Furthermore, it is important to note that a non-resident is required to maintain a securities settlement account with a bank or financial institution or appoint a custodian in the URT through which all payments and proceeds obtained from securities transactions can be made and received respectively.

Pursuant to the Regulations, all securities transactions in Tanzania are carried out through a licenced dealing member of an approved stock exchange in the URT and the BoT in case of Government securities.

Additionally, the Regulations afford a resident access to credit accommodation from a non-resident provided it is done through a bank or financial institution. Where Foreign Credit Accommodation (FCA) to a resident exceeds 365 days, the underlying FCA agreement must be registered with the BoT within 14 days of execution and assigned a Debt Registration Number (DRN). The DRN will be the reference for any disbursement, debt service and any other transaction related to the FCA. It is important to note as well that, where proceeds of the FCA are paid by the lender directly to the supplier of machinery, equipment or any other goods and services without the involvement of a bank or financial institution registered in the URT and the FCA remains unregistered for more than 14 days, a penalty of Tanzania Shillings one million (approximately USD 430) will be imposed on the borrower for each day the FCA remains unregistered.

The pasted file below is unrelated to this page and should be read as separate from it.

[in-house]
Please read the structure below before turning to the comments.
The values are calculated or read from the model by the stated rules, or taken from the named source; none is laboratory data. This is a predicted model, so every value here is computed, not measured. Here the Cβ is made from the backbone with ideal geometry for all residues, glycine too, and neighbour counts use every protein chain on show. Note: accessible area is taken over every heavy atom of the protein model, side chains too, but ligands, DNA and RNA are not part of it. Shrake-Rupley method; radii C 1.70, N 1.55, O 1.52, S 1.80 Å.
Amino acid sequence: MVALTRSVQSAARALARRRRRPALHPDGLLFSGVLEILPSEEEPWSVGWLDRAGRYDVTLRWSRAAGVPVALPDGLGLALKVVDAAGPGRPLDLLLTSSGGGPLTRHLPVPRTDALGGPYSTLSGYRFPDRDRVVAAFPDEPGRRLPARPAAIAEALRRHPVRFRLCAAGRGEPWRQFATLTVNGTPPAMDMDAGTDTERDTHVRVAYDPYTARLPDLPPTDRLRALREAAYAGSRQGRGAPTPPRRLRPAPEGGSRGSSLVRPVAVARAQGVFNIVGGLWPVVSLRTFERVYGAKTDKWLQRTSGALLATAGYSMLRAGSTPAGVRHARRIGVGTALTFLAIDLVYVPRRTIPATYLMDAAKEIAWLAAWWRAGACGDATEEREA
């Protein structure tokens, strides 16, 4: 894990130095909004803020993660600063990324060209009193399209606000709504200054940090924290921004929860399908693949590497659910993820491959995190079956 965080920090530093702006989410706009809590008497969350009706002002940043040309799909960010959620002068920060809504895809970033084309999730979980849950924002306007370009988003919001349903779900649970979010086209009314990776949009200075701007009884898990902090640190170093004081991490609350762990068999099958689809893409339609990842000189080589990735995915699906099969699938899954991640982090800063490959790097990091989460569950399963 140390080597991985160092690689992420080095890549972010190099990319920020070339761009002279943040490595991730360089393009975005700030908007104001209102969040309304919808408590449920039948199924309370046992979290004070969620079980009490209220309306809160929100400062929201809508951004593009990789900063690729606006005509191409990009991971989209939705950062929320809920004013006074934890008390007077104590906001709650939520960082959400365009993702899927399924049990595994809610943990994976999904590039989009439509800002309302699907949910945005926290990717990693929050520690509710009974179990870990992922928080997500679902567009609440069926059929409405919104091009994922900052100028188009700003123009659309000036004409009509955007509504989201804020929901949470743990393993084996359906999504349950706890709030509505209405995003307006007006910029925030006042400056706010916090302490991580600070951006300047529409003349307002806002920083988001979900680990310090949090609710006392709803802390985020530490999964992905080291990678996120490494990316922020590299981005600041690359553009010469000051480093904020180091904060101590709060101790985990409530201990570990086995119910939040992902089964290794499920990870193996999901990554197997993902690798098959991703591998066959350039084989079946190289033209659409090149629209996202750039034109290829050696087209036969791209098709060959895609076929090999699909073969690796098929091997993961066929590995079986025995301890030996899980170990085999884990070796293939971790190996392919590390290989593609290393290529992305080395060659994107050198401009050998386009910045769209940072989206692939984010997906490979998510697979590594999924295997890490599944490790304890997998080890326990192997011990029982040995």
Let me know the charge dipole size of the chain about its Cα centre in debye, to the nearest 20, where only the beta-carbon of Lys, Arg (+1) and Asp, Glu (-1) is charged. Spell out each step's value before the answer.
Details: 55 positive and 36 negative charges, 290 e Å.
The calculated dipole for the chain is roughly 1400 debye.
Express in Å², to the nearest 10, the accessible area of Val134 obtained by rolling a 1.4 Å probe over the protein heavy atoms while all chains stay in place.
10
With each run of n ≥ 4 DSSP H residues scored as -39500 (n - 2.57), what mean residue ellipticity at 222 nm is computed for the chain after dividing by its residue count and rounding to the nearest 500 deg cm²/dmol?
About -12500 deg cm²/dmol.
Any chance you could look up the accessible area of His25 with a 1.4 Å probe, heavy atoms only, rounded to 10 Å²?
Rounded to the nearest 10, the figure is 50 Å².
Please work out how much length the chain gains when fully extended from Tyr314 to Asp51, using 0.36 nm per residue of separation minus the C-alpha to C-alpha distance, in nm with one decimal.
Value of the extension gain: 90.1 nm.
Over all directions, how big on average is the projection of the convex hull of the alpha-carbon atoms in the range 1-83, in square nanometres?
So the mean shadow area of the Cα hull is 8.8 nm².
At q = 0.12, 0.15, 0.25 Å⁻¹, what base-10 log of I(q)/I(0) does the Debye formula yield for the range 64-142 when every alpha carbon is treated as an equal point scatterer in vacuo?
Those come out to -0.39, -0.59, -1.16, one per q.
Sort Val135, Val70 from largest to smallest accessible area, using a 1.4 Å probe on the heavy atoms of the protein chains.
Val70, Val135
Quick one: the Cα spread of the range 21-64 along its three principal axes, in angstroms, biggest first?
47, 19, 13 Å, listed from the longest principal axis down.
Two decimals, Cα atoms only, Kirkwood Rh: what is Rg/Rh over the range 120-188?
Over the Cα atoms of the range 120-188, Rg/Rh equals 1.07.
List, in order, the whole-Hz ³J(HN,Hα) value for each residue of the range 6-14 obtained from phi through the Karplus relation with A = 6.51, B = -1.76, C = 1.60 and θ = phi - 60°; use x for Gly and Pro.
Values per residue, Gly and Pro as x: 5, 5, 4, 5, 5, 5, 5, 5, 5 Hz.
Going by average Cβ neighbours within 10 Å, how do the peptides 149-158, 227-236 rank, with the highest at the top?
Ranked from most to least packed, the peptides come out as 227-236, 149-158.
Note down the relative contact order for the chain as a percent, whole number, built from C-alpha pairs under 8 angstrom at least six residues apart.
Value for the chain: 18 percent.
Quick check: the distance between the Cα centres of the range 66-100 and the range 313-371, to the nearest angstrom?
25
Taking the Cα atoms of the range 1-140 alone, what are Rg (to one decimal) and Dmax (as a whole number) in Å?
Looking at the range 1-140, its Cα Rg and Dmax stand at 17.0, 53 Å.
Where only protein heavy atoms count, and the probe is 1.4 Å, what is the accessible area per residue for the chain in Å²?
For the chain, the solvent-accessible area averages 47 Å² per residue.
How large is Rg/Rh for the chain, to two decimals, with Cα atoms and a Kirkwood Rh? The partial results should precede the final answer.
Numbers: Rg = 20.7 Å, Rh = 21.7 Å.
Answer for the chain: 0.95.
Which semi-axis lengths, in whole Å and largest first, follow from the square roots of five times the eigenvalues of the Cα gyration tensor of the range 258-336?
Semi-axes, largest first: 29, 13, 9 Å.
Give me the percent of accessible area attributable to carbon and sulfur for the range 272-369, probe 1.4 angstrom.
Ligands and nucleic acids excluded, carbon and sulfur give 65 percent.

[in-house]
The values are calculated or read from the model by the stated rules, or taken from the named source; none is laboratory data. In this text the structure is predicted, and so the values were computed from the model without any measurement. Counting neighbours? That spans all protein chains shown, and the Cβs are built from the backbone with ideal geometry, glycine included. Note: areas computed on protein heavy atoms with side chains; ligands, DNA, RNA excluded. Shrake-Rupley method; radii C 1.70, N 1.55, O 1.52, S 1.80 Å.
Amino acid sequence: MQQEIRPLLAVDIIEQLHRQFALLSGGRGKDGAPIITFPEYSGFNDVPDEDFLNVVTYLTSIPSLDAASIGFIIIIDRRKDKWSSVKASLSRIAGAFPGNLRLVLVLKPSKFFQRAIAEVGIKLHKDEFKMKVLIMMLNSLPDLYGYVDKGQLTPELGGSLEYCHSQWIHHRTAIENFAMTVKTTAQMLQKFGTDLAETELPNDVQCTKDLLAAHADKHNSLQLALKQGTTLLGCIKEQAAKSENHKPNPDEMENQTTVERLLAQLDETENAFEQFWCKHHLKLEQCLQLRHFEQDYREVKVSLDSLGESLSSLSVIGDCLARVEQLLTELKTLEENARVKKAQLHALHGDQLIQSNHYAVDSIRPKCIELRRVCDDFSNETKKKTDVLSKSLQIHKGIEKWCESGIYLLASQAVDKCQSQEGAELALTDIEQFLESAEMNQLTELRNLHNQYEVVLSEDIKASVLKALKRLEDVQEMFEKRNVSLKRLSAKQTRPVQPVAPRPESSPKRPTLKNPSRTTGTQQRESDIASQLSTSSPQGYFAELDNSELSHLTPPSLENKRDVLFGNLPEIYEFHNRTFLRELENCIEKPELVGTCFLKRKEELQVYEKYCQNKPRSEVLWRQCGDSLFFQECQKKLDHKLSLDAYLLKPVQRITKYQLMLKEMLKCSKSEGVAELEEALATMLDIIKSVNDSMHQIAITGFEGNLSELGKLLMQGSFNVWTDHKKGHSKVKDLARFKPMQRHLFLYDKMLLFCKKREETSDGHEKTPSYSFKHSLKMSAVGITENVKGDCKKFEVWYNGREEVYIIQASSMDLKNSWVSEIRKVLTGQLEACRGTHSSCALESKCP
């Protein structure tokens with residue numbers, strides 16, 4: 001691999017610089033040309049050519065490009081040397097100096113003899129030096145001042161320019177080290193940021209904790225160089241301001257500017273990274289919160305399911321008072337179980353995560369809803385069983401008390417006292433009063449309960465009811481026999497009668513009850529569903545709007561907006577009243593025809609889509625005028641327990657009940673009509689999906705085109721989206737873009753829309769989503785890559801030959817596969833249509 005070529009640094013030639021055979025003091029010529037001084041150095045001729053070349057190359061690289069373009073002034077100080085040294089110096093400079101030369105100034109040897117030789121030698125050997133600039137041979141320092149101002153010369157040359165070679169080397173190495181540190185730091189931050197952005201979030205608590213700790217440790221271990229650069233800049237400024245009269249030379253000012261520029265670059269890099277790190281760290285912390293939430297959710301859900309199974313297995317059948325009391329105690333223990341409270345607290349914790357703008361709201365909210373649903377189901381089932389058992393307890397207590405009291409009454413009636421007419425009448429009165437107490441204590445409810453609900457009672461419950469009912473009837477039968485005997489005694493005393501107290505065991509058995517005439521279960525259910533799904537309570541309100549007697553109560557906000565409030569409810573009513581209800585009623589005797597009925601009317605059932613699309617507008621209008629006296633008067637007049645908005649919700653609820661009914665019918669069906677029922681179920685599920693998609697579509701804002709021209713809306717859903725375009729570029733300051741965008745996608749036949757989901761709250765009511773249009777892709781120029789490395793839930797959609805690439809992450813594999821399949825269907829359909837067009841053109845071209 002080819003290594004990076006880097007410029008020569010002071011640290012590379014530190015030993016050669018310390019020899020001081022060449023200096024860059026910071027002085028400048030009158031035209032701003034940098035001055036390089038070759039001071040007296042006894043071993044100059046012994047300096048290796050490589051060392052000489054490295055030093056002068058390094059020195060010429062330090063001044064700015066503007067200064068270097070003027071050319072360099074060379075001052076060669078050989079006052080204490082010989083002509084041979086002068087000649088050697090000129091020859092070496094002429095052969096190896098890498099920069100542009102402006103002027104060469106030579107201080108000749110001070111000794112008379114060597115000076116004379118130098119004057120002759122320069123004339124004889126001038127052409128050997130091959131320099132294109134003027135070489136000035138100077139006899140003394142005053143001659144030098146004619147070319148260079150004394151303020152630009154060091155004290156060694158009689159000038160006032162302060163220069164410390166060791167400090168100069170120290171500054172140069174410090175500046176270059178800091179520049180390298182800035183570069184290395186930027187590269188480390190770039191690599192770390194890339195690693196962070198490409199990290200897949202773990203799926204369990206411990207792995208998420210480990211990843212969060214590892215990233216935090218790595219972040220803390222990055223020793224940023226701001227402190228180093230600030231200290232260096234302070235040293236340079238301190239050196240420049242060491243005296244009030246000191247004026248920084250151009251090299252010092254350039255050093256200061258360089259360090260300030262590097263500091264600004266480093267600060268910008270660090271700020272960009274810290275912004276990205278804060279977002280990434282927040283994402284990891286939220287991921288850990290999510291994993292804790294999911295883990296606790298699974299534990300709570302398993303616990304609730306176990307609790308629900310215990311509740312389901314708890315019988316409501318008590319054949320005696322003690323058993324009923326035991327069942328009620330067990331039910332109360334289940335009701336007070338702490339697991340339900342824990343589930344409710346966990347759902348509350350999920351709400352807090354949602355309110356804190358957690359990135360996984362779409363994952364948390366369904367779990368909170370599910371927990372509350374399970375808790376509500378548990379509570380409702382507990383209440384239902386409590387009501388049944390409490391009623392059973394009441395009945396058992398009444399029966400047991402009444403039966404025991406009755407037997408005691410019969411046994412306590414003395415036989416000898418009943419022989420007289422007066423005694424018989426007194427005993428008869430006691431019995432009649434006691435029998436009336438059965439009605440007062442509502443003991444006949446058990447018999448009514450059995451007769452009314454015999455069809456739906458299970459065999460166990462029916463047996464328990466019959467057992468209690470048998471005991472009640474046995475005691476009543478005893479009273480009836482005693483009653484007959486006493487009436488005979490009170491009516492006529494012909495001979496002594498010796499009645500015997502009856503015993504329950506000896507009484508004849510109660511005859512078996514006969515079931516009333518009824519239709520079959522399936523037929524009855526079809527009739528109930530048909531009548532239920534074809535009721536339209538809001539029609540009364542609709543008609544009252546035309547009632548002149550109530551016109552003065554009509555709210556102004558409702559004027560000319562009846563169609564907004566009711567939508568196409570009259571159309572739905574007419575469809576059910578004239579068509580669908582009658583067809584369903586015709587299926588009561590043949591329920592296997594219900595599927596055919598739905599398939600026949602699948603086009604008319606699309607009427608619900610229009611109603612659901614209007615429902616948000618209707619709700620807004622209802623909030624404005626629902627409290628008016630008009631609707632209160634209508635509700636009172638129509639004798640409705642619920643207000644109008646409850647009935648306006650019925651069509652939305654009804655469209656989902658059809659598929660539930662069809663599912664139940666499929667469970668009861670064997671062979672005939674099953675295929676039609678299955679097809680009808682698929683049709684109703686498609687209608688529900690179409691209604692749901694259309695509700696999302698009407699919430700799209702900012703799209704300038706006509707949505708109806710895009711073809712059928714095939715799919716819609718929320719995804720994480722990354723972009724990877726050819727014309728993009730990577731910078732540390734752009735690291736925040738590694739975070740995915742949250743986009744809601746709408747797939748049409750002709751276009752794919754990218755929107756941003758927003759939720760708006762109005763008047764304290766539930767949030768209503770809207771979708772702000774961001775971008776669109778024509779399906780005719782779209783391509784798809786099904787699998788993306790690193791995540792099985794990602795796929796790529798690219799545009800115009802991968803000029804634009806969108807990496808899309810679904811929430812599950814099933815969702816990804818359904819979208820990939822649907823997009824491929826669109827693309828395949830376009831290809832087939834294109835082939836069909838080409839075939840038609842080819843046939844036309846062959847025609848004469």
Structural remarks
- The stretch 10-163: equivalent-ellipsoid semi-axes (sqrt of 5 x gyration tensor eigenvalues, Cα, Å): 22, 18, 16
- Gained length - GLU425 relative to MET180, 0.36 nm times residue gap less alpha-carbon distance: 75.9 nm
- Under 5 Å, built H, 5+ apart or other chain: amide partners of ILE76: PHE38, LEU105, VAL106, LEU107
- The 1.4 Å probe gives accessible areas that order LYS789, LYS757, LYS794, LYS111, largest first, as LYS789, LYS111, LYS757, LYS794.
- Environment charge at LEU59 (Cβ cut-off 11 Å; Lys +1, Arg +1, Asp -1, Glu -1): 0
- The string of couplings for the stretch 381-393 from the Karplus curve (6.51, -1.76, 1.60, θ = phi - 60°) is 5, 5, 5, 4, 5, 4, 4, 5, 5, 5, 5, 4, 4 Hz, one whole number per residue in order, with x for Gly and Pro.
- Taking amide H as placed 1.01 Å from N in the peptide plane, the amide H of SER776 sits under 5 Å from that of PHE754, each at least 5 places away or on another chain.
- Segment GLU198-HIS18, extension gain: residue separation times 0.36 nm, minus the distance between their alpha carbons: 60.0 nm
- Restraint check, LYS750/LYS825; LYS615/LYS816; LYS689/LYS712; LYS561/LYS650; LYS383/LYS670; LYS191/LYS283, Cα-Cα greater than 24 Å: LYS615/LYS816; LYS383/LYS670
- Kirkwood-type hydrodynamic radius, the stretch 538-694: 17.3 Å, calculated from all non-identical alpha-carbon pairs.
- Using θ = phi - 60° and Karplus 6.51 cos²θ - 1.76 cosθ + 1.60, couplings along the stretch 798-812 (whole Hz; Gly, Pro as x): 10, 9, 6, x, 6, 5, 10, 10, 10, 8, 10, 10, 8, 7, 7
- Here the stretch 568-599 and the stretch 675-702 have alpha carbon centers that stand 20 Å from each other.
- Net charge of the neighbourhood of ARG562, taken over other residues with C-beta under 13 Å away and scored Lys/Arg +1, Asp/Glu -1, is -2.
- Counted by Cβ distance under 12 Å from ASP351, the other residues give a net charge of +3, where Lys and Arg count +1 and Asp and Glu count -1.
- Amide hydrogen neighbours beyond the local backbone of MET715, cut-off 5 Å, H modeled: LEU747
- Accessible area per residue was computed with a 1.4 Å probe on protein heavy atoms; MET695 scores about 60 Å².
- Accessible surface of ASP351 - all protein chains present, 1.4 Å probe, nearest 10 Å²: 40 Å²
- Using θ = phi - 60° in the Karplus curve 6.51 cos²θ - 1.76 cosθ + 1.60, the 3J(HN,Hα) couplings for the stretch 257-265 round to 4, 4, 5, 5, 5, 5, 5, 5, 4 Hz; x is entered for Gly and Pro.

It is provided under the Regulations that the BoT will not register a FCA agreement if it includes:

  • interest rates and other charges that do not reflect the prevailing market conditions for the relevant currency of borrowing; and
  • conditions precedent requiring the borrower to open a foreign currency account outside the URT.

In relation to outward direct investment and acquisition of real estate, a resident may remit funds for the purpose of engaging in the same if the investment is undertaken in the prescribed territory, the remittance is effected through a bank or financial institution and relevant supporting documents are submitted to the bank or financial approval. Should the resident wish to engage in outward direct investment and acquisition of real estate outside the prescribed territory prior approval must be sought by the BoT.

In a nutshell, the monitoring and enforcement of the Regulations is done by the BoT in collaboration with law enforcement agencies which may, from time-to-time request to be furnished with necessary documentation and information relating to compliance with the Regulations. Enforcement mechanisms include fines and penalties which are in accordance with the Act.

Please note that the Regulations revoke the Foreign Exchange Regulations of 1998 and the Foreign Exchange (Listed Securities) Regulations of 2003.

Should you require further information, please do not hesitate to contact Tenda Msinjili and Amreen Ayub

[1] The Anti-Money Laundering (Cross Border Declaration of Currency and Bearer Negotiable Instruments) Regulations, G.N. No. 268 of 2016